Oireachtas Joint and Select Committees
Tuesday, 22 June 2021
Joint Oireachtas Committee on Climate Action
Reduction of Carbon Emissions of 51% by 2030: Discussion (Resumed)
Mr. John Keane:
I thank Deputy Bruton for the question. With regard to the movement over the next number of years in dealing with the emissions profile from agriculture, I am conscious of the earlier questions about the specific regard in the Bill for biogenic methane. Looking at the nature of that gas and how it breaks down within the atmosphere is extremely important. All of us must remain cognisant of that because of the short-lived cycle and its nature.
I am conscious of a few remarks made earlier. The overall figure for the national herd has actually decreased over the past three years. In dealing with that, there is a science element of the breakdown of methane within the atmosphere and how that works. That is recognised as being a ten, 12 or 15-year cycle and we must recognise that on one side of the equation. In terms of how this is offset in farming and how programmes are introduced on farms to deal with that, we will have the eco-schemes in the CAP first and foremost and we recognise that, depending on where the negotiations land next week, between 20% and 30% will be set aside for eco-schemes. These schemes will have a pivotal role on farm in delivering actual results in terms of sequestration, carbon sinks, carbon farming and environmentally-friendly farming on one side but they will also be very important in determining the attitudes of farmers towards how these programmes will be implemented. I know we had greening in the previous CAP but in terms of the most recent level of ambition and the targets about which we are now talking, this will be our farmers' first experience of what these will look like. If the measures introduced under these eco-schemes are not complementary and results-based and if actions are not deliverable from a farmer point of view, we are setting off on the wrong foot. They must be farmer-centred and farmer-friendly.
The Deputy asked about the wider context and whether organic farming has a role to play. Organic farming certainly has a role to play. A vast amount of research has been carried out by Teagasc on the marginal abatement curve and the use of low emission slurry spreading, protected urea and extended grazing. There is also ongoing research into mixed species foraging and the role they can play, as well as the roles grassland can play in carbon sequestration. All this science is ongoing and will bear fruit in time but agriculture will need time to provide the science to show that what we are doing and what we plan to do over the next decade can deliver.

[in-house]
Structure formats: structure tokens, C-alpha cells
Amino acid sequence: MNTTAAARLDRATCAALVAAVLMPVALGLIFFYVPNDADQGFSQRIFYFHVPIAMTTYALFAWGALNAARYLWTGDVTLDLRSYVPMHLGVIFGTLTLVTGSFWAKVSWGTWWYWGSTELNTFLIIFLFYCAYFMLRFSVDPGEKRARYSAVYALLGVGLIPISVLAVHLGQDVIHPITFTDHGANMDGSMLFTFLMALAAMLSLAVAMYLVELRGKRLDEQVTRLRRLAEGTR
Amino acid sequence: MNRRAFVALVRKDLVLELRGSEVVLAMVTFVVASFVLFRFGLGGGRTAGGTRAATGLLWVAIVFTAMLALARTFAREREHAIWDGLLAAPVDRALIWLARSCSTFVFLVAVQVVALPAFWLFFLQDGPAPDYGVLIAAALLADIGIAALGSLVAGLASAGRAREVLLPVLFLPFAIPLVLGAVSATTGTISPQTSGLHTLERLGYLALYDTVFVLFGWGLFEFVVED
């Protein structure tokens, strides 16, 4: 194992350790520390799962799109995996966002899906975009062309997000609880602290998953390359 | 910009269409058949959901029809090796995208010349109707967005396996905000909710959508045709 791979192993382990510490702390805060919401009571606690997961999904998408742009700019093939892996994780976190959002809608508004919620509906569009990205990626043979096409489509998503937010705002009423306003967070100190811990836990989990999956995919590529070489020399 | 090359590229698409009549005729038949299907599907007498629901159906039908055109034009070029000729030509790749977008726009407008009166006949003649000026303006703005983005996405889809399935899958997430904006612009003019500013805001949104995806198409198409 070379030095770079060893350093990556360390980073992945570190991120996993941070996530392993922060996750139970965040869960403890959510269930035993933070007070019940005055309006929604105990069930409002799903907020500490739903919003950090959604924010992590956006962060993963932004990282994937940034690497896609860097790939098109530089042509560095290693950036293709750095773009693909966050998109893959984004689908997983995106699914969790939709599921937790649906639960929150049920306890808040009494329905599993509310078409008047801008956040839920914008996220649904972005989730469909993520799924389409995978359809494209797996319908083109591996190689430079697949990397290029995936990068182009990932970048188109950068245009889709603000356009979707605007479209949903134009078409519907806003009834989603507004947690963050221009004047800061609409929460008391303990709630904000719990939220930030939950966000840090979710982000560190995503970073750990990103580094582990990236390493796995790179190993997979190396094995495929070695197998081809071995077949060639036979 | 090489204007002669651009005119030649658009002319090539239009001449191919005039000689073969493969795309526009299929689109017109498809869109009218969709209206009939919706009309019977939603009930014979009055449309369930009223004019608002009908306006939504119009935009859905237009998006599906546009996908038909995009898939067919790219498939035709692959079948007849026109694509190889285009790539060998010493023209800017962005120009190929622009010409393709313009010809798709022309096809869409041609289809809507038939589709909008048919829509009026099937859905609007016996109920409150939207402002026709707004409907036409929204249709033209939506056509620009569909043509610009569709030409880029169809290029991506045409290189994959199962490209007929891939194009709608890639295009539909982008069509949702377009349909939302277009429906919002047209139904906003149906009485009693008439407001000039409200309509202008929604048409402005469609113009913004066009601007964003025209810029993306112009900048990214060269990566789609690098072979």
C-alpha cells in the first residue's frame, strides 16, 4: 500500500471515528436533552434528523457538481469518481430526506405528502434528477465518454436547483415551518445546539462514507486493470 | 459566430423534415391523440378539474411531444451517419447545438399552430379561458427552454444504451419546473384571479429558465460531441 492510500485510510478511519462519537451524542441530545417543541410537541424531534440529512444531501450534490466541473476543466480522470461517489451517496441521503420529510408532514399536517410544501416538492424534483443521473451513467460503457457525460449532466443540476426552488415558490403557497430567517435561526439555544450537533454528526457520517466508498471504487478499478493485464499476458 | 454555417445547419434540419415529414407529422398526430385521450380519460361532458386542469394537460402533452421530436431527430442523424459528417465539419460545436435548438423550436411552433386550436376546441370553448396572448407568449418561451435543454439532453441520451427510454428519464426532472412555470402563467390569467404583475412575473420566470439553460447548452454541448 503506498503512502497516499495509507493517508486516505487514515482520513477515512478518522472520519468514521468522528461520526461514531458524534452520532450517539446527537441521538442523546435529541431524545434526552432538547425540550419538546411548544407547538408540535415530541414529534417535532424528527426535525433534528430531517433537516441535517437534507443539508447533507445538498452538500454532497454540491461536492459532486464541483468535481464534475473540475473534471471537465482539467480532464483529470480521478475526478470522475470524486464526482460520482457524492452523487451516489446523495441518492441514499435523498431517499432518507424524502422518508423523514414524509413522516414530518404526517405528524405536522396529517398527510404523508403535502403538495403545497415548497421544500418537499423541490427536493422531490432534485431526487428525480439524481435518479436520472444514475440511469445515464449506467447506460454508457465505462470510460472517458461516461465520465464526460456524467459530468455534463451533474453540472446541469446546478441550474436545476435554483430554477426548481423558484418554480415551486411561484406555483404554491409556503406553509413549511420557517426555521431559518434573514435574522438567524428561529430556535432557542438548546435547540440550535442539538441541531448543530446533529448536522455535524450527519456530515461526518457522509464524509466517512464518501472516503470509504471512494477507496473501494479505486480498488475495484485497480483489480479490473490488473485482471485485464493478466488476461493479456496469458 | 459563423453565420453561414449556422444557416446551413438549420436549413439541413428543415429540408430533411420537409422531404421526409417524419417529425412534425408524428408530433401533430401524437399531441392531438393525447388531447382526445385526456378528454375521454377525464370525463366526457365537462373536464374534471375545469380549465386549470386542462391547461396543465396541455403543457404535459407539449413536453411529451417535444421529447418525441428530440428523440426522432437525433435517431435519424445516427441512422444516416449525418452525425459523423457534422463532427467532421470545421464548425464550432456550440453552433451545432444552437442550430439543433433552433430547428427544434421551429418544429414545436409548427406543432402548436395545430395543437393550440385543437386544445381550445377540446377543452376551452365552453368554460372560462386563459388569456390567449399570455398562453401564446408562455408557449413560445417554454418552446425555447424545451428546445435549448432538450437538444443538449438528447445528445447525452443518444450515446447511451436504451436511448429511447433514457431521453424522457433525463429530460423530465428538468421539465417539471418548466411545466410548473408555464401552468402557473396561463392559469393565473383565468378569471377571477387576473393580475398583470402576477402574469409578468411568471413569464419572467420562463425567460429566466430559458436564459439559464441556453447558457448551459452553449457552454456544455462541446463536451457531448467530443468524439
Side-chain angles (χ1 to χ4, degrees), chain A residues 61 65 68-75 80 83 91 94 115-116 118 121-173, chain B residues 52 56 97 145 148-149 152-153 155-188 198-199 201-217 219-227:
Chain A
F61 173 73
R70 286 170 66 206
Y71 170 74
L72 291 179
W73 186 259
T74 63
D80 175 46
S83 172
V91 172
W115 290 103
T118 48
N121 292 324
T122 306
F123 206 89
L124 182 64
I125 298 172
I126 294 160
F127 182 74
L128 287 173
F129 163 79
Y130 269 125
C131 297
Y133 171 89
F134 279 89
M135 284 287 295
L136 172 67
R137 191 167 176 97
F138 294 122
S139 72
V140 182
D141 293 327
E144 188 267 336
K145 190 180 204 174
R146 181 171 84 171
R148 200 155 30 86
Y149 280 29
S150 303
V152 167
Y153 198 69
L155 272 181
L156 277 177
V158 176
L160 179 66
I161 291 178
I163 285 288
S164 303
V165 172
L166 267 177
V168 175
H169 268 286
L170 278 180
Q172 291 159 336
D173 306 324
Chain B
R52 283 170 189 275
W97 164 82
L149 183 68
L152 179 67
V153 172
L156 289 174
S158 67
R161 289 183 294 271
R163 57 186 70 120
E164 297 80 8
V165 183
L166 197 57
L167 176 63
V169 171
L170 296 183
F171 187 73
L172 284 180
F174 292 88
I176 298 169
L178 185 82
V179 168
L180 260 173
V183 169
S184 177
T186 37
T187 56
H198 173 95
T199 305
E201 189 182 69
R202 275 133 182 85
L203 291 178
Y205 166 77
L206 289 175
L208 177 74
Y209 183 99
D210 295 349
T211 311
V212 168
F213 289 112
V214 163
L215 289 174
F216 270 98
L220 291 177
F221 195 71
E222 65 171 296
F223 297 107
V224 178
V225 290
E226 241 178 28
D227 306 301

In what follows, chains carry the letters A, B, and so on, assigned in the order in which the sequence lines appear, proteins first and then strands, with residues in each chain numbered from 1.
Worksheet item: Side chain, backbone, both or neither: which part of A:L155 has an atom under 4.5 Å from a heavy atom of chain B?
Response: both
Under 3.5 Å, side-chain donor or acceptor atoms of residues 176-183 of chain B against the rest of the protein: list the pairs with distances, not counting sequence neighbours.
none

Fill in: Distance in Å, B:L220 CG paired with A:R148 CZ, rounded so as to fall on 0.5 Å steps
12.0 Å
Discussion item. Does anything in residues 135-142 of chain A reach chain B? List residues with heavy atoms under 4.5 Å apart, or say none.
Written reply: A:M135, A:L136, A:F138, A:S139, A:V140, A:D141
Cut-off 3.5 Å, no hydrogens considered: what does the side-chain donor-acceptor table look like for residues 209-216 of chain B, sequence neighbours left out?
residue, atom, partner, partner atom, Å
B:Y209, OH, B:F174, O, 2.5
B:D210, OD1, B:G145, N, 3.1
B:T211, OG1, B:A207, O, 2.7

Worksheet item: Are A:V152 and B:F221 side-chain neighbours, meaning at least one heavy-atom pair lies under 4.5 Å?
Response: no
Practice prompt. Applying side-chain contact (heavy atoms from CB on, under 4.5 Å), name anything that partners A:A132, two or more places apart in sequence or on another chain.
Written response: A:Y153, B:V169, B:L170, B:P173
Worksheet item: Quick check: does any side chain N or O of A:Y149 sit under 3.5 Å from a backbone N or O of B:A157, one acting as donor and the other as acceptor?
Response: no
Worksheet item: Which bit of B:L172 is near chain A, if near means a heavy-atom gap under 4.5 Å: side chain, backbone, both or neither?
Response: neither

I am also conscious of the ongoing Teagasc research on towers and soil sequestration, which is planning to deliver results over the next five, six or seven years. This is under certain management practices in terms of soil and how we manage soil. This is also a significant element.
Going back to the Kyoto Protocol and the Paris Agreement and the rewetting of peatlands and so forth, the issue there relates to productive farmland. Addressing that in a catch-all will not achieve economics or the desired objective because we need farmers on board to drive that. In terms of the reward for farmers for carbon farming, that is something we as young farmers would love to see and would engage with but we will need that for whatever economic return there will be from those supports for carbon farming and carbon sequestration. By the same token, if there are economic output or productive losses because of that, they must also be covered and measured. It is very difficult to expect someone to take on certain measures. It is like asking a shopkeeper to set aside a certain part of the shop and not stock goods in it. We need supports that can be equated to what is happening in farms.
The important element to remember is the wider implications for rural communities and economies and the important role farmers play in terms of investment. The re-investment of funds from farmers and the farming industry in rural economies is important. All these measures must continue to encourage farming and young farmers but they must also continue to encourage and grow the fabric of rural economies because rural Ireland needs those supports. Every single aspect of the fabric of rural Ireland, be it the local GAA club or Tidy Towns committee, will need farmers in those areas to ensure people remain living in these communities. All of that must be the approach we move forward with.